The stoner and sludge scene spreads its wings far and wide. Finnish riff lords, Demonic Death Judge have released their fourth long player, “The Trail”. Since their formation in 2009, they’ve had a steady stream of albums, EP’s and split releases along with plenty of gigs to build their profile.

An old Western movie sounding acoustic instrumental in the form of “Cougar Charmer” sets up a sense of loneliness and melancholy before morphing into The punishing “Filthy As Charged”. This is a punchy and dirty way to start proceedings with a sweet, head banging groove and heavy as thunder riffage. Weedeater styled vocals from Jaako Heinonen are full of impassioned howls and mixes up with shades of Orange Goblin styled rawness and makes for a meaty mix. One word could describe “Hardship”: fat. Pure chunky stoner metal that could make you break out into a sweat and want to bang head with other like-minded souls in a crammed venue (oh, remember the days…), this is pure joy and my standout track.

These guys have a strong sense of groove. The vocals have a killer edge and the riffs are shoved deep down into the dirt. The occasional foot off the accelerator sets up salvo after salvo of stoner sludge goodness that in parts reminds me of local band Desert Storm. They never stray too far from their course yet there’s nothing that feels expectant or complacent here. Occasional wanderings into psychedelia emerge on tracks like “Shapeshifting Serpents” while Hawkwind inspired space rock trippiness shines through on “Fountain Of Acid”. Indeed, it’s side two where the band tend to explore a little more and add some flourishes that give the album its sheen. “Cougar Charmer (Reprise)” with its acoustic guitar and an edgy, off kilter sound and harmonica has a soulful edge. You can literally feel the loneliness and smell the dust in another deserted place in another time. The title track is an oozy, lurching monster with small progressive twists that give it an atmospheric quality before the album closes on a more familiar note with “We Have To Kill” and it’s rubbery riff and sleazy harmonica.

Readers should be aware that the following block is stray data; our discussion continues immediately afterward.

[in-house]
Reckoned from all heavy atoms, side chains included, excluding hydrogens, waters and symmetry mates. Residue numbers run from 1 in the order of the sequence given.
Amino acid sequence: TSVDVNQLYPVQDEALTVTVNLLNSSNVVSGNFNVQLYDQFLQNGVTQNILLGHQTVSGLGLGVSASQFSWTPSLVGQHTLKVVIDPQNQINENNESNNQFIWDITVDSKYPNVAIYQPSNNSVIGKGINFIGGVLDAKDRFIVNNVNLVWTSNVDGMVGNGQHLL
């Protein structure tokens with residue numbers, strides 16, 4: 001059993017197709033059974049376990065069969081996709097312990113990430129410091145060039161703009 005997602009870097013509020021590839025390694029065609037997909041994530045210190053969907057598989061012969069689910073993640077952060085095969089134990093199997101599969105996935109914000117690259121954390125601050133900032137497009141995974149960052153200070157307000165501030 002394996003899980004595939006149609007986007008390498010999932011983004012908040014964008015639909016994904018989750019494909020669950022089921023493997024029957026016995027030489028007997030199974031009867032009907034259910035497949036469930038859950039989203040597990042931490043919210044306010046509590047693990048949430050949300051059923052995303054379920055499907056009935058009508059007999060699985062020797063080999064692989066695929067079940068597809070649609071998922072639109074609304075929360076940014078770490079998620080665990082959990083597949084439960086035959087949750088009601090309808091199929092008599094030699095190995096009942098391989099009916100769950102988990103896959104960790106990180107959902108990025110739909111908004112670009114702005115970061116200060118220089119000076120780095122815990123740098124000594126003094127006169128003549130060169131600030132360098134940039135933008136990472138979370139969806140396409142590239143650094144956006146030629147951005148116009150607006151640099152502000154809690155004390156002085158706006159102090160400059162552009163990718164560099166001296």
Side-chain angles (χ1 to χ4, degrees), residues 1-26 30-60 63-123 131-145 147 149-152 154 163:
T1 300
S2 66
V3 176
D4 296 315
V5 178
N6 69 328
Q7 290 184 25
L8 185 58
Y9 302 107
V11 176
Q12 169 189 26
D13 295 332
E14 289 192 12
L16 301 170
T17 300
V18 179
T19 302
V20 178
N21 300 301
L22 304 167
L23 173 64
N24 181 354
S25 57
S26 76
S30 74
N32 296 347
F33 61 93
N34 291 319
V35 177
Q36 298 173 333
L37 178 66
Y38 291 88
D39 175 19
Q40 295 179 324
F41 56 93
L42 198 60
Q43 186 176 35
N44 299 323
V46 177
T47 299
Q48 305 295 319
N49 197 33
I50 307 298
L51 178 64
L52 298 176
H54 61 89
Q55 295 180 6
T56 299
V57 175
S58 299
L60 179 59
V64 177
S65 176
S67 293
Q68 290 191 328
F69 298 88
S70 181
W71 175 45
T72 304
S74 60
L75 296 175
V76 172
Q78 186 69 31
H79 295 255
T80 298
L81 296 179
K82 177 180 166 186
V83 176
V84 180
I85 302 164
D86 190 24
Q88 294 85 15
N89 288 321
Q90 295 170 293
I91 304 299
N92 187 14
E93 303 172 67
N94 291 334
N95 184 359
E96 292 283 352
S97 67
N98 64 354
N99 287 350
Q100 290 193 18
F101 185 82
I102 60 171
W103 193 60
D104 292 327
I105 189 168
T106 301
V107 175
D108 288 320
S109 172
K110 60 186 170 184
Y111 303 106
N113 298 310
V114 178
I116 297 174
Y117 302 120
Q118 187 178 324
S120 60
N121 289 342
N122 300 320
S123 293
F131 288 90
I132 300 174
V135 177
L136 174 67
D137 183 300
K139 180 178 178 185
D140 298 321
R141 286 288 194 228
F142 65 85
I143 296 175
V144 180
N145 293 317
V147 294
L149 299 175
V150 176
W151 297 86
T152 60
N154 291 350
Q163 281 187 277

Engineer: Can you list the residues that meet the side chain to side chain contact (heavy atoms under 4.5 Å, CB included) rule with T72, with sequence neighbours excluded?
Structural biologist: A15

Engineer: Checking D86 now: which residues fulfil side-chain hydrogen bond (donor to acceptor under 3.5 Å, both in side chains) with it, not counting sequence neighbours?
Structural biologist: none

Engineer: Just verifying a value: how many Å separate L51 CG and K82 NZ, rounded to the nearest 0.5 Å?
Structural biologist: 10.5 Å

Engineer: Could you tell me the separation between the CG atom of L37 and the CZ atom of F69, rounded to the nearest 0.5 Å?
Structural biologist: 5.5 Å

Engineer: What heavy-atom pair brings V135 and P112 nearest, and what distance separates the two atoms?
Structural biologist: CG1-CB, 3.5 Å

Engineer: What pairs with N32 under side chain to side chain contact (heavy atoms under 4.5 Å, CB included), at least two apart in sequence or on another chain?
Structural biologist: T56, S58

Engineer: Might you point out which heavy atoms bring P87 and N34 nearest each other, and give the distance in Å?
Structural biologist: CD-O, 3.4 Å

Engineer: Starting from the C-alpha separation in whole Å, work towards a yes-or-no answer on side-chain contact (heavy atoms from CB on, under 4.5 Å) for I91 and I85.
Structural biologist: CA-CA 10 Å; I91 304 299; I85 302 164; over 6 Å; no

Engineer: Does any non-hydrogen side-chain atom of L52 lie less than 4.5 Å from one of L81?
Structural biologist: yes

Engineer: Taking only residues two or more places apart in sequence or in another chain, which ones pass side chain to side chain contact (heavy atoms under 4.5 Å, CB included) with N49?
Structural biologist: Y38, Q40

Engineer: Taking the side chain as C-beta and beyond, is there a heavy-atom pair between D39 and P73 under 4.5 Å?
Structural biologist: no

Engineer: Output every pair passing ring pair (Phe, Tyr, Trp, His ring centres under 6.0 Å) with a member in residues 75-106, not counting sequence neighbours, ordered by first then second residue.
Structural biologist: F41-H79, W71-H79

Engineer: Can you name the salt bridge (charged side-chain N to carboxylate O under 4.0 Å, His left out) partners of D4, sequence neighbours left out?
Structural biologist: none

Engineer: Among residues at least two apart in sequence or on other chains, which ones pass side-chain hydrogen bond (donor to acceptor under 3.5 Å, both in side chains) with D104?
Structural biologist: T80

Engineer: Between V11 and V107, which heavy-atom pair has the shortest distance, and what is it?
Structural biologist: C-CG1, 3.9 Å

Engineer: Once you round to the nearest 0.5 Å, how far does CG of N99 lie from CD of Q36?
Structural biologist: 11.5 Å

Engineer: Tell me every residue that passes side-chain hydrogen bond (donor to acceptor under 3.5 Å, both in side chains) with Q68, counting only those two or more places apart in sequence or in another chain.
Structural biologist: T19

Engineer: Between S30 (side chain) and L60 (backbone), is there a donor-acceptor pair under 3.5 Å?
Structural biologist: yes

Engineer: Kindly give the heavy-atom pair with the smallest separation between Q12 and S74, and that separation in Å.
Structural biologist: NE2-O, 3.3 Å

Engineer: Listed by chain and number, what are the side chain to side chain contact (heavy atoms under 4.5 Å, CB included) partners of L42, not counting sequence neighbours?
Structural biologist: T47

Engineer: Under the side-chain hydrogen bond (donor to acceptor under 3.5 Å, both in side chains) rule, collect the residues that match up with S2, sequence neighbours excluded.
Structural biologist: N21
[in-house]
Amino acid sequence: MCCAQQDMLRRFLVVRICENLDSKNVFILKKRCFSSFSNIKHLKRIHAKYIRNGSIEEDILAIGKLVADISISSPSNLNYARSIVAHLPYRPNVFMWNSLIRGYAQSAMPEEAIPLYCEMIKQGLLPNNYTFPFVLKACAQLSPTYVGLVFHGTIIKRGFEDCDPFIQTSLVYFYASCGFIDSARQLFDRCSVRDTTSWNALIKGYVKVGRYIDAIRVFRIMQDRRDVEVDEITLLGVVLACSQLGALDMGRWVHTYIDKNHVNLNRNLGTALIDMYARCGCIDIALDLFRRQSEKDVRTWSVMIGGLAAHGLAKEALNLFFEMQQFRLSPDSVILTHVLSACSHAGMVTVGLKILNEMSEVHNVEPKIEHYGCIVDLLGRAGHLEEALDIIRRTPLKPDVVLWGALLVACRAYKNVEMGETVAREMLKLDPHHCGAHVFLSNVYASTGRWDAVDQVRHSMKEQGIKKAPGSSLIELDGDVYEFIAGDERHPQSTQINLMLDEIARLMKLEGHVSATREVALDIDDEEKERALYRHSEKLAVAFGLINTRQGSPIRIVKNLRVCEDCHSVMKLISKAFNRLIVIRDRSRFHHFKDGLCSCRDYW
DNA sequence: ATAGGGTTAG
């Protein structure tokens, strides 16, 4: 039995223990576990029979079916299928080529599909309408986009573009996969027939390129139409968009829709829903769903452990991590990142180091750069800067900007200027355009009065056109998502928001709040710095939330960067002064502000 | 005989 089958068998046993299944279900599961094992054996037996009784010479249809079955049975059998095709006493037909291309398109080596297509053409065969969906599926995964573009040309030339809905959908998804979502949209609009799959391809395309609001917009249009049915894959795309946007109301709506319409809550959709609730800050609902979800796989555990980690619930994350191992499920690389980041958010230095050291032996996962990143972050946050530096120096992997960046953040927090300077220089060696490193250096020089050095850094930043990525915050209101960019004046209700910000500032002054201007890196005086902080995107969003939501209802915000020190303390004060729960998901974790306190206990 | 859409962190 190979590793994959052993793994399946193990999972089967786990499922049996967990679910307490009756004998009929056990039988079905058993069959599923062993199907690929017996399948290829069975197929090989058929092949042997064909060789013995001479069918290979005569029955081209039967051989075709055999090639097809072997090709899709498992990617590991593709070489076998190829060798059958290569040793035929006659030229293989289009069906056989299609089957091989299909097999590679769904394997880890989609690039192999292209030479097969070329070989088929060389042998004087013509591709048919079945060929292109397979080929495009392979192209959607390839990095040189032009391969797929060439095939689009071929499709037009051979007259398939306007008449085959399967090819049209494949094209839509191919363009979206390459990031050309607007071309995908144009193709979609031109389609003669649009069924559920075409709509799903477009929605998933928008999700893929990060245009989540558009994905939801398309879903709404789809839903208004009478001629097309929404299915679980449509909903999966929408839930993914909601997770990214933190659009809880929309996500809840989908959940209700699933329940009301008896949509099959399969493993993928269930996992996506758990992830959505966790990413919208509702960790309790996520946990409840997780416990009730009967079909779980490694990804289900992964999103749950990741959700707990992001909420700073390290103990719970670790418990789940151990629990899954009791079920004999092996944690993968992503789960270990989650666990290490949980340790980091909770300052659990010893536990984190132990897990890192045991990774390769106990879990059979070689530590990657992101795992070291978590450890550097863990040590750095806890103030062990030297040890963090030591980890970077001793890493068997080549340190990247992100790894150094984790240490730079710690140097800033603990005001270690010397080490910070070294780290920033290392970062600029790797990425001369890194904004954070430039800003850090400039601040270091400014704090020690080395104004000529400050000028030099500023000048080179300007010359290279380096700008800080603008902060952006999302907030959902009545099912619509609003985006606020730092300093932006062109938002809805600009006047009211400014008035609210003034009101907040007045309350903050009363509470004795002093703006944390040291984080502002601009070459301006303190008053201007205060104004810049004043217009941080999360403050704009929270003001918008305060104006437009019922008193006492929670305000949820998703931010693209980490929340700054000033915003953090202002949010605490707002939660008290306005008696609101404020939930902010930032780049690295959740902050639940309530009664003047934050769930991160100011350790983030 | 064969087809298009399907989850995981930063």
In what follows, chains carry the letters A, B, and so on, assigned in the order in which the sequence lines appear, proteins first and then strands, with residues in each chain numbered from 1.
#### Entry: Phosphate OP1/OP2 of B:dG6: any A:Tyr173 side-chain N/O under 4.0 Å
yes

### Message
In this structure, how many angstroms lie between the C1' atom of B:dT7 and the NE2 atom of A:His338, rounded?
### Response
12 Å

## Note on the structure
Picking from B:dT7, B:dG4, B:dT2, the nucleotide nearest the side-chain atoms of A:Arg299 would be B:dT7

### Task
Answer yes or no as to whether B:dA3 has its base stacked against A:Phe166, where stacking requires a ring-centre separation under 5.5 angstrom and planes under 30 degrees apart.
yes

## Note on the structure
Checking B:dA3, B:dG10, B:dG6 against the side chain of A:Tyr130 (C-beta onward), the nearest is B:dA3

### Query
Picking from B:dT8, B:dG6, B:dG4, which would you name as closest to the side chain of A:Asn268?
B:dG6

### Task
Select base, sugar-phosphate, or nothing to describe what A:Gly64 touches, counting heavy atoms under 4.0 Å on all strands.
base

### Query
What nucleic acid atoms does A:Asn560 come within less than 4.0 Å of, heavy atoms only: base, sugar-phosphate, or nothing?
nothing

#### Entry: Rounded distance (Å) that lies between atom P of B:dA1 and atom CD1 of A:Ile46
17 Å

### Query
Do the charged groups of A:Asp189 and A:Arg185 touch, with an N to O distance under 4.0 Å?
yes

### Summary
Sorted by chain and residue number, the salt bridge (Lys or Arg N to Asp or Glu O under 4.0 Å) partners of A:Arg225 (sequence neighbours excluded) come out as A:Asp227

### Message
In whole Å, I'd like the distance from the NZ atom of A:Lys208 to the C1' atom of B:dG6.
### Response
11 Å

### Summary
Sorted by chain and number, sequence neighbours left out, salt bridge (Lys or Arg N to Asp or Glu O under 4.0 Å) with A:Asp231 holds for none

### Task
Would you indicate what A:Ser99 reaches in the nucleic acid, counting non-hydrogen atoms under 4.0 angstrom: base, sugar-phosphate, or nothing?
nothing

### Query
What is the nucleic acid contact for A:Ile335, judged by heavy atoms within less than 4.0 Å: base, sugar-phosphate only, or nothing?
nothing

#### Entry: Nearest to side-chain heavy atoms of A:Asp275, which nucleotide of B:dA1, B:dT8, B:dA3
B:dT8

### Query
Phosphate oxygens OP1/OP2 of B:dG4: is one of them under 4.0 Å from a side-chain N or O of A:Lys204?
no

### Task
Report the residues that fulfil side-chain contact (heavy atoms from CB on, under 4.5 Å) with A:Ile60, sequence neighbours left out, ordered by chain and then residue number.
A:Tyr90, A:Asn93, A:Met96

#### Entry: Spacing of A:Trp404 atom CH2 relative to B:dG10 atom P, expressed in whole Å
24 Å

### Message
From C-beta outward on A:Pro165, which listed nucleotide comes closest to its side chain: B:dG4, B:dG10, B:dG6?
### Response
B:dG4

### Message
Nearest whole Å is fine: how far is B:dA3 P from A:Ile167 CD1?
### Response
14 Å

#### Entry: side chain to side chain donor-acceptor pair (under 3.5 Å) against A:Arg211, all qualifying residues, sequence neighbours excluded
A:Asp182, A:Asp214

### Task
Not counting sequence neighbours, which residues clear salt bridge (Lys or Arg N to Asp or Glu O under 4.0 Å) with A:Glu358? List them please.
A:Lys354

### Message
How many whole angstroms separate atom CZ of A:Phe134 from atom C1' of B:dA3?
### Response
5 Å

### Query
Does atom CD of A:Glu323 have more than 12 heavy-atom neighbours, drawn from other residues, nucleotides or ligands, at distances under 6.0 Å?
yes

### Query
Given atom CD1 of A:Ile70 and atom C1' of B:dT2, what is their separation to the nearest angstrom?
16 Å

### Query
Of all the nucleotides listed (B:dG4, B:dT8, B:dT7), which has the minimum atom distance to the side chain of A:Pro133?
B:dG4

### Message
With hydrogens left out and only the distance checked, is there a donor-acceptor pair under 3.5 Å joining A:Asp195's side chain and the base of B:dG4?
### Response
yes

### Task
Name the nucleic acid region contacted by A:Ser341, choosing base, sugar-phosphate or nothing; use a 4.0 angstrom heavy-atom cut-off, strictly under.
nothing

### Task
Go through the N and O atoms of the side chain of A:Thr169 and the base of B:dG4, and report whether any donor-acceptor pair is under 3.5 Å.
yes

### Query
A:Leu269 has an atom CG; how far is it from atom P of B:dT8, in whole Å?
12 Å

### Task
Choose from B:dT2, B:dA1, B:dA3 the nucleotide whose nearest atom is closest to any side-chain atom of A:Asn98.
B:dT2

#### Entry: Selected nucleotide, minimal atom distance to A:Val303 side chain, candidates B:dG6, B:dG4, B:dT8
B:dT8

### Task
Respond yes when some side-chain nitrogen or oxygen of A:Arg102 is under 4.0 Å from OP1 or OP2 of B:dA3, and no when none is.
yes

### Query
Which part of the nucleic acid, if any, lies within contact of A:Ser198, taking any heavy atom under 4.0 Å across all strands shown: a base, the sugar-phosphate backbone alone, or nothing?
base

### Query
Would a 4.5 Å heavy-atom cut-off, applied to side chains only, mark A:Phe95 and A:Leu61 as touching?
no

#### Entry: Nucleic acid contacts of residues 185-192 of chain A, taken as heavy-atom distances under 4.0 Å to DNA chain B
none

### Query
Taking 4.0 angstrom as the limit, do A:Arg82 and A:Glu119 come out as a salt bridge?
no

Coming in at around 48 minutes there is nothing in the way of filler here. Sometimes hypnotic in its brutality, it makes me yearn for a live gig to feel the full force of some of these songs…strange days we live in. Nothing ground-breaking so much but it’s done very well. Fans of the genre will lap this up.

(7.5/10 Johnny Zed)